It is normal for this time of year to start thinking about May 1, but this year is different as we do not have to prepare for all the changes to the National Construction Code (NCC) for 2017.

May 1, 2017 is not going to be a day where we all run around trying to find out what has changed and how we adjust our building practices and standards to meet the minimum deemed-to-satisfy (DtS) provisions. This year we get to relax, this year nothing changes. This year we can all focus on something more fun, like tax, inflation, competition, changes of government, staff, wages, cash flow, investment, and all the other things that go into running a business in the construction industry.

So what will this mean for May 1, 2019, which is now getting closer? Will the changes in 2019 be a huge difference? Will things change so much that it will take from 2019 to 2022 to catch up?

The planning and development of the proposed changes is happening now. The pace of change is increasing and the impacts of not making changes are getting more severe. A possible area that might start to see some change within the NCC is resilience. The focus of parts of the construction industry includes resilience right now.

Resilience is important because we are not talking about stopping climate change anymore, we are talking about limiting it after the Paris agreement under the United Nations Framework Convention on Climate Change set the limit to a two degree Celsius global average temperature increase. This means we must design and build to provide society with buildings that can adapt to provide resilience for that extreme storm, severe flood, or a 20-year drought. We need buildings that adapt to 50 degree Celsius design days, and we need the population to accept 26 degree Celsius indoor temperature as comfortable.

The performance requirements of the NCC will be required to drive the changes to demonstrate improved energy efficiency, resilience and cost effective construction. September 1, 2017 is a key date, as all proposed changes and submissions are due to the Australian Building Codes Board and any change that may be considered for the 2019 NCC will have to be submitted by then.

The focus of the NCC 2016 was to drive performance based solutions. To achieve the Paris Agreement, changes must be introduced into the building codes. The performance provisions within the NCC must set targets that drive construction to meet the provisions, and provide a mechanism for proving the performance measures have been achieved if we are to achieve the goals of the Paris Agreement.

Disruptive change is required within our building industry and government legislation to achieve or approach the goal of the Paris Agreement. Minimising site based work is one way of achieving some of the required reductions.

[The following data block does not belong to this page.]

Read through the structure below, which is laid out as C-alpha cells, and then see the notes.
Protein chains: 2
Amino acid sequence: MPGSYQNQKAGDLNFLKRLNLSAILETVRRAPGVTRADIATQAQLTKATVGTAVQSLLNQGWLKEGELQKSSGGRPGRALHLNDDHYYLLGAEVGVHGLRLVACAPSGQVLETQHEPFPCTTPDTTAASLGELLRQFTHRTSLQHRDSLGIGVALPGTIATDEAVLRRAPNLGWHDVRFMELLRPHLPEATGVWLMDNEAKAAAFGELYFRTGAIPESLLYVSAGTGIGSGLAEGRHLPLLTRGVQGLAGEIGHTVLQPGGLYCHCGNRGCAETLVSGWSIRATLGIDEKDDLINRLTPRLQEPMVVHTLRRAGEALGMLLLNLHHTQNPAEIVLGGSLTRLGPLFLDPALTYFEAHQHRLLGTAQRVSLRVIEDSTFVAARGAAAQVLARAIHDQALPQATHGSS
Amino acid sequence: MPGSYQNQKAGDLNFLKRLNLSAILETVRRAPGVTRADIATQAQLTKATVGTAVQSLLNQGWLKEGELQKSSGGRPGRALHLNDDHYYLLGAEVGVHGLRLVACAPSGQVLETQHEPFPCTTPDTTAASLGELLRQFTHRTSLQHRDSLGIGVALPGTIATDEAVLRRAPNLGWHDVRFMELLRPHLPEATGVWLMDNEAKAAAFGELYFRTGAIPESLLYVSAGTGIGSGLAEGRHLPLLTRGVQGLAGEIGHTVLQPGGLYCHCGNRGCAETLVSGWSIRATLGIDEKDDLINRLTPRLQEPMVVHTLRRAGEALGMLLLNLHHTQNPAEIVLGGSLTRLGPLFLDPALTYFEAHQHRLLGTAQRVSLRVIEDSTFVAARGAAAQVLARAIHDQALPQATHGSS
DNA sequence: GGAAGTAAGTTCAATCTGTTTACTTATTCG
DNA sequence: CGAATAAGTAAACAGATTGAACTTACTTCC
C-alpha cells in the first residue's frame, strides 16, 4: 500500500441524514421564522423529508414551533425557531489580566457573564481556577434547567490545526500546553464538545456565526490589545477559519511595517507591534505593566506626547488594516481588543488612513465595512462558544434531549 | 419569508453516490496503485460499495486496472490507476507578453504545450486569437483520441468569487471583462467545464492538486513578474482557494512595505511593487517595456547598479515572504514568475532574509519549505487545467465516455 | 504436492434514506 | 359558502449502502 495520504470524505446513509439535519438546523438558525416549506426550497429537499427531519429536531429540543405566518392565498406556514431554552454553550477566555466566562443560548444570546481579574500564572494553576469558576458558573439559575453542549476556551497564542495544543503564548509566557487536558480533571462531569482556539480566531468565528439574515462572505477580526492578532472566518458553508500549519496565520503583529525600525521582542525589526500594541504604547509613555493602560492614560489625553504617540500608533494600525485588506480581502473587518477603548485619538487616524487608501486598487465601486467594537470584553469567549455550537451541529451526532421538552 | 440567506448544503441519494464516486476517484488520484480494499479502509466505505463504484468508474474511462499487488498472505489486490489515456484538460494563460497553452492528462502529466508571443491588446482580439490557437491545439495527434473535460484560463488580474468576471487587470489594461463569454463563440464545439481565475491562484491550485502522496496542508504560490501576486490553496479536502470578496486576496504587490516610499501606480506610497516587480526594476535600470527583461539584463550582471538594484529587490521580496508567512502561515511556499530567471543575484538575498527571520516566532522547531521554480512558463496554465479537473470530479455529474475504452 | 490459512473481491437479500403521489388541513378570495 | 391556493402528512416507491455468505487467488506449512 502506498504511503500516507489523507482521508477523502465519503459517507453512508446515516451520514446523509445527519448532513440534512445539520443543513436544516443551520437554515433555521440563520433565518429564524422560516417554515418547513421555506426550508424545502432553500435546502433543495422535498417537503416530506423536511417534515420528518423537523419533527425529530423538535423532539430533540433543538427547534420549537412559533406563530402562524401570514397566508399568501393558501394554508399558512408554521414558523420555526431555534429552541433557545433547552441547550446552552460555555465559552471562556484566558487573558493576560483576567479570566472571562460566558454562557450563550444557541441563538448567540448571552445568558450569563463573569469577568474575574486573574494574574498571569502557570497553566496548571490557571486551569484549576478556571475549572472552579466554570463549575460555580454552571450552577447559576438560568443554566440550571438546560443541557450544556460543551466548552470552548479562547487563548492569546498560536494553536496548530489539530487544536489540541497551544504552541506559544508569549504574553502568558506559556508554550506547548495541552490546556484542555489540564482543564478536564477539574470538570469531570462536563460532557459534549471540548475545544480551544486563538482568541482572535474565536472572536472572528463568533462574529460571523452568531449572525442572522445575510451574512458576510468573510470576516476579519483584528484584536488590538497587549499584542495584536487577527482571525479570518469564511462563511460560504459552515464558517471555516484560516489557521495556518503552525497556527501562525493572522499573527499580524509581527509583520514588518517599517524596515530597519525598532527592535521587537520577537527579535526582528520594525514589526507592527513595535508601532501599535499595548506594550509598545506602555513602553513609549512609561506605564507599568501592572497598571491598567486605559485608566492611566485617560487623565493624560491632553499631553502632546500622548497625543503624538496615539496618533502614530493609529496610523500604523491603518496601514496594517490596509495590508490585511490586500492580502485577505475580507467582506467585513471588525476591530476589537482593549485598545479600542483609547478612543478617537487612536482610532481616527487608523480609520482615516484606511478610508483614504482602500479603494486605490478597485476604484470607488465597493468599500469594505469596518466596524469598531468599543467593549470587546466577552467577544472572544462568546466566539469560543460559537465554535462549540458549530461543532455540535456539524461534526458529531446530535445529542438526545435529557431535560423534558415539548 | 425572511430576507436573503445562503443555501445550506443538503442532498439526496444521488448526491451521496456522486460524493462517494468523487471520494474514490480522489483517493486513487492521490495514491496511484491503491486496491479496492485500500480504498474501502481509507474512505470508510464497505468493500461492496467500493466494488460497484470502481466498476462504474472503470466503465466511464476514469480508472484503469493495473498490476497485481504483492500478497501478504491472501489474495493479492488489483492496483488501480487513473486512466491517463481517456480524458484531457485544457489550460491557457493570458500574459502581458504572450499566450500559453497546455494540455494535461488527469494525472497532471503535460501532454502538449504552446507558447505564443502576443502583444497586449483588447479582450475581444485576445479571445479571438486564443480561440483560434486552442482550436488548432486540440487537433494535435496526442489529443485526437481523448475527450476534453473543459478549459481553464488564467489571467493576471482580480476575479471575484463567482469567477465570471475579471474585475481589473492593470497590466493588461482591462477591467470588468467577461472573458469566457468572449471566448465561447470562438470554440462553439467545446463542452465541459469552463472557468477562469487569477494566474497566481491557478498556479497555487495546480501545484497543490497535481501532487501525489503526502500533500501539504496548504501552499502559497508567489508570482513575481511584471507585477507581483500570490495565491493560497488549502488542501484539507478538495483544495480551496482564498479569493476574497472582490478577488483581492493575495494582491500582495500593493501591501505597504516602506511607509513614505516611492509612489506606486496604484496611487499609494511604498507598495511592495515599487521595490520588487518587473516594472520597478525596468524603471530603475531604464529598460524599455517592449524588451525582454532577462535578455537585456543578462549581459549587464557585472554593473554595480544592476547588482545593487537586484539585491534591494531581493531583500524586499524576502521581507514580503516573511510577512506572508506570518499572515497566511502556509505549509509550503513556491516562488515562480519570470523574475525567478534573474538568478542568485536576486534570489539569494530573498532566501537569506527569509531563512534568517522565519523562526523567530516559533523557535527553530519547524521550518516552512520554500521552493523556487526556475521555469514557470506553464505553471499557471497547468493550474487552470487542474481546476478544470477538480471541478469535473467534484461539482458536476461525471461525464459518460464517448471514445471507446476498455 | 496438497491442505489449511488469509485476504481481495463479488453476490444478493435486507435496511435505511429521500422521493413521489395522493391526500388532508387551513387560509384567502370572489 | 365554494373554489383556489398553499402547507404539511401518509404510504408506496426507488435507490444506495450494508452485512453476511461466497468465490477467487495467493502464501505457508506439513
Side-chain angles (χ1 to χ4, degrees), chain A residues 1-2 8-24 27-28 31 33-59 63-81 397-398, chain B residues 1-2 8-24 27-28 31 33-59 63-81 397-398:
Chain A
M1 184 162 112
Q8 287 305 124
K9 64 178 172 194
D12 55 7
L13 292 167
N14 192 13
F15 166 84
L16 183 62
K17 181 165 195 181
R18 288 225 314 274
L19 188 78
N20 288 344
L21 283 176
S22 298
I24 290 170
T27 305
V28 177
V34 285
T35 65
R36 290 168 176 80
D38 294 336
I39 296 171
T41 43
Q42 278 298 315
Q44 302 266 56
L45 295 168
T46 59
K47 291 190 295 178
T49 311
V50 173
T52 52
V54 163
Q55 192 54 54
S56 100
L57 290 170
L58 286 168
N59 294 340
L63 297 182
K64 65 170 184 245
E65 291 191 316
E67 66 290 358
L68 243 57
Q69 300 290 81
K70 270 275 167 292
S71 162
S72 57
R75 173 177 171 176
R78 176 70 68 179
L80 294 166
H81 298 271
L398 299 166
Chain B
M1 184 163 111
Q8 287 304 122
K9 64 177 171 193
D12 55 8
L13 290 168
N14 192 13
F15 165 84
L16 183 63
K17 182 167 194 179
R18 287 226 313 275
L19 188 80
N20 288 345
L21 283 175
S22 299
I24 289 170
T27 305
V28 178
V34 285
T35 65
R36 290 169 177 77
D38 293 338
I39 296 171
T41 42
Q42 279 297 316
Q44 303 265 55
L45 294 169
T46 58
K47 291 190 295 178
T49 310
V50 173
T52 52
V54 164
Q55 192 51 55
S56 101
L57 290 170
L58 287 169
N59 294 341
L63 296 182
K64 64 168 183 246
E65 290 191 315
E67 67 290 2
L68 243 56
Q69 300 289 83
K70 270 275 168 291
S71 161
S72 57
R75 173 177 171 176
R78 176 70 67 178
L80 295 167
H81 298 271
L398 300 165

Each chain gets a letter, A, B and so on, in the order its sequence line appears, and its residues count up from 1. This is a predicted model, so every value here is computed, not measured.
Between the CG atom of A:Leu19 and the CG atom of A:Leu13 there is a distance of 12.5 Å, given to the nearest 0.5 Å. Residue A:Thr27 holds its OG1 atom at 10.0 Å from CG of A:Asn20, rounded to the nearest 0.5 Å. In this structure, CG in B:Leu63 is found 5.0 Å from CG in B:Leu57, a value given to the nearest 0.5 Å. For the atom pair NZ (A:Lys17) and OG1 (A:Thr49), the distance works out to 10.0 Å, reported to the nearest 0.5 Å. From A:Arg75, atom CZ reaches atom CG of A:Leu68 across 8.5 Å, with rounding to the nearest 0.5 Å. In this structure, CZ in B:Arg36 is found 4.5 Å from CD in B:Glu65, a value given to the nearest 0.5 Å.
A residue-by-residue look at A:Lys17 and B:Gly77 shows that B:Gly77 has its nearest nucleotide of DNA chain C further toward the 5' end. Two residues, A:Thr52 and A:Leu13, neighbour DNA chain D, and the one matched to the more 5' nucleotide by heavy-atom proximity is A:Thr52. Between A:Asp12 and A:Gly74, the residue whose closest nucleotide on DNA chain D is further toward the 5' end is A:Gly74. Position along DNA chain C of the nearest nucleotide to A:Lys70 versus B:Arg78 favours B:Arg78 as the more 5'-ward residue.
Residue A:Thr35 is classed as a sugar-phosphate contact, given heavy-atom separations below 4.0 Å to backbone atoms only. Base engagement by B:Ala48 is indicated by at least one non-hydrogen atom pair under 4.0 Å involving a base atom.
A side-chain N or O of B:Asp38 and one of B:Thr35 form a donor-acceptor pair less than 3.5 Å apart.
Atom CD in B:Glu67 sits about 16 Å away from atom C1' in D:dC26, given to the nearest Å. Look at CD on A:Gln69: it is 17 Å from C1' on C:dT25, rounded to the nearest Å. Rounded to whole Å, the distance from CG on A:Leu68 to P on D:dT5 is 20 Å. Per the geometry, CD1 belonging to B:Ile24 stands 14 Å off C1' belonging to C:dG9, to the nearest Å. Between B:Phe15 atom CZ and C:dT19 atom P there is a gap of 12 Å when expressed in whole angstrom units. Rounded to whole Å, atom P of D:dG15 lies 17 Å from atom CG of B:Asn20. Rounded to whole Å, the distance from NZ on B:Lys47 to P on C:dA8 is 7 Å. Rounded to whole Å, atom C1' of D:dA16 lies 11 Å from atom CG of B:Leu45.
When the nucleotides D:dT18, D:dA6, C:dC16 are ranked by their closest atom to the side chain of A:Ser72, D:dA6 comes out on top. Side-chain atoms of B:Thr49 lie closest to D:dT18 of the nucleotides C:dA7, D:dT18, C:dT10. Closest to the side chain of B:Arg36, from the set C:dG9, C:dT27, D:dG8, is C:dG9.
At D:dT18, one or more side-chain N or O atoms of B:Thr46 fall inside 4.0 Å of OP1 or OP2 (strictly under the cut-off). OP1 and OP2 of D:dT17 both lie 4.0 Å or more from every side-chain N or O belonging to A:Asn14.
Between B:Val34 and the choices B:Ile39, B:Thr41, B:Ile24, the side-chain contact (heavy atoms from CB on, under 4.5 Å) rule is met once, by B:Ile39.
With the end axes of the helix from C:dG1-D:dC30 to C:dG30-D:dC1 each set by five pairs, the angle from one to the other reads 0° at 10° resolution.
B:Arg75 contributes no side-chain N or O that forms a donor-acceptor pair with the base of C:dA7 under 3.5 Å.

Current building design and construction methods are based on the age-old tradition of onsite manufacture by qualified tradespeople. They then apply design codes and standards during the construction process to ensure the building or structure is compliant with state legislation and all relevant building codes and Standards.

Looking at the some of the current trends we can see that a house or building of the very near future will:

  • be manufactured off site
  • be made of integrated components that are structural
  • feature architectural and functional parts of the building in the one component
  • be made to order in non-standard sizing, materials and methods
  • not necessarily have foundations
  • be made with electrical systems that are 12V DC based and hence do not need to be complied against current standards
  • be self-sufficient
  • be highly energy efficient
  • not be connected into the existing infrastructure.

Performance requirements must be developed to address this disruptive change in the construction landscape.

  • This is one of the strengths associated with the current performance based nature of the Code in that it lends itself to flexibility in terms of the methods used to achieve the desired result. That said, the performance requirements themselves will in fact have to change.

    At a broader level, the fact that planning for BCA 2019 is in fact happening now more than two years in advance demonstrates exactly why the move toward three year BCA amendments is so good. This will mean that changes have adequate time to go a thorough review process and be subject to adequate levels of scrutiny rather than being pushed through by interest groups.

  • It was lovely to read your article Ken. It is time to highlight the area where a simple improvement can be encouraged right now with the stakeholders. How simple is it to mandate 'cool roofs' for all buildings in climate zones 1 through to 6? The building code mentions roofs of low solar absorptance as 'reduces the flow of heat from solar radiation better. than…..' and notes 'roofs of up to SA 0.4 as typically corresponding to a roof of light colour such as white, off white and cream'. Should builders already be conforming to this stated 'requirement' or does it need to be re written in a less vague manner. The improved thermal performance will result in internal temperatures of close to 26C 'without engineered solutions' and for NIL cost, yet maximum benefit to the whole community and the environment. EnergyCut tells commercial builders that roofs should have light colours and gives examples of huge financial savings and improvements to profits. Who does not want more profit through lower operating costs?? YourHome tells builders that homes should have light coloured roofs. The Roof Tilers Association of Australia says a light coloured roof will save between 25 and 36% in energy costs. Who does not want to save on their household energy bills??? That being said, who profits from dark walls and roofs???

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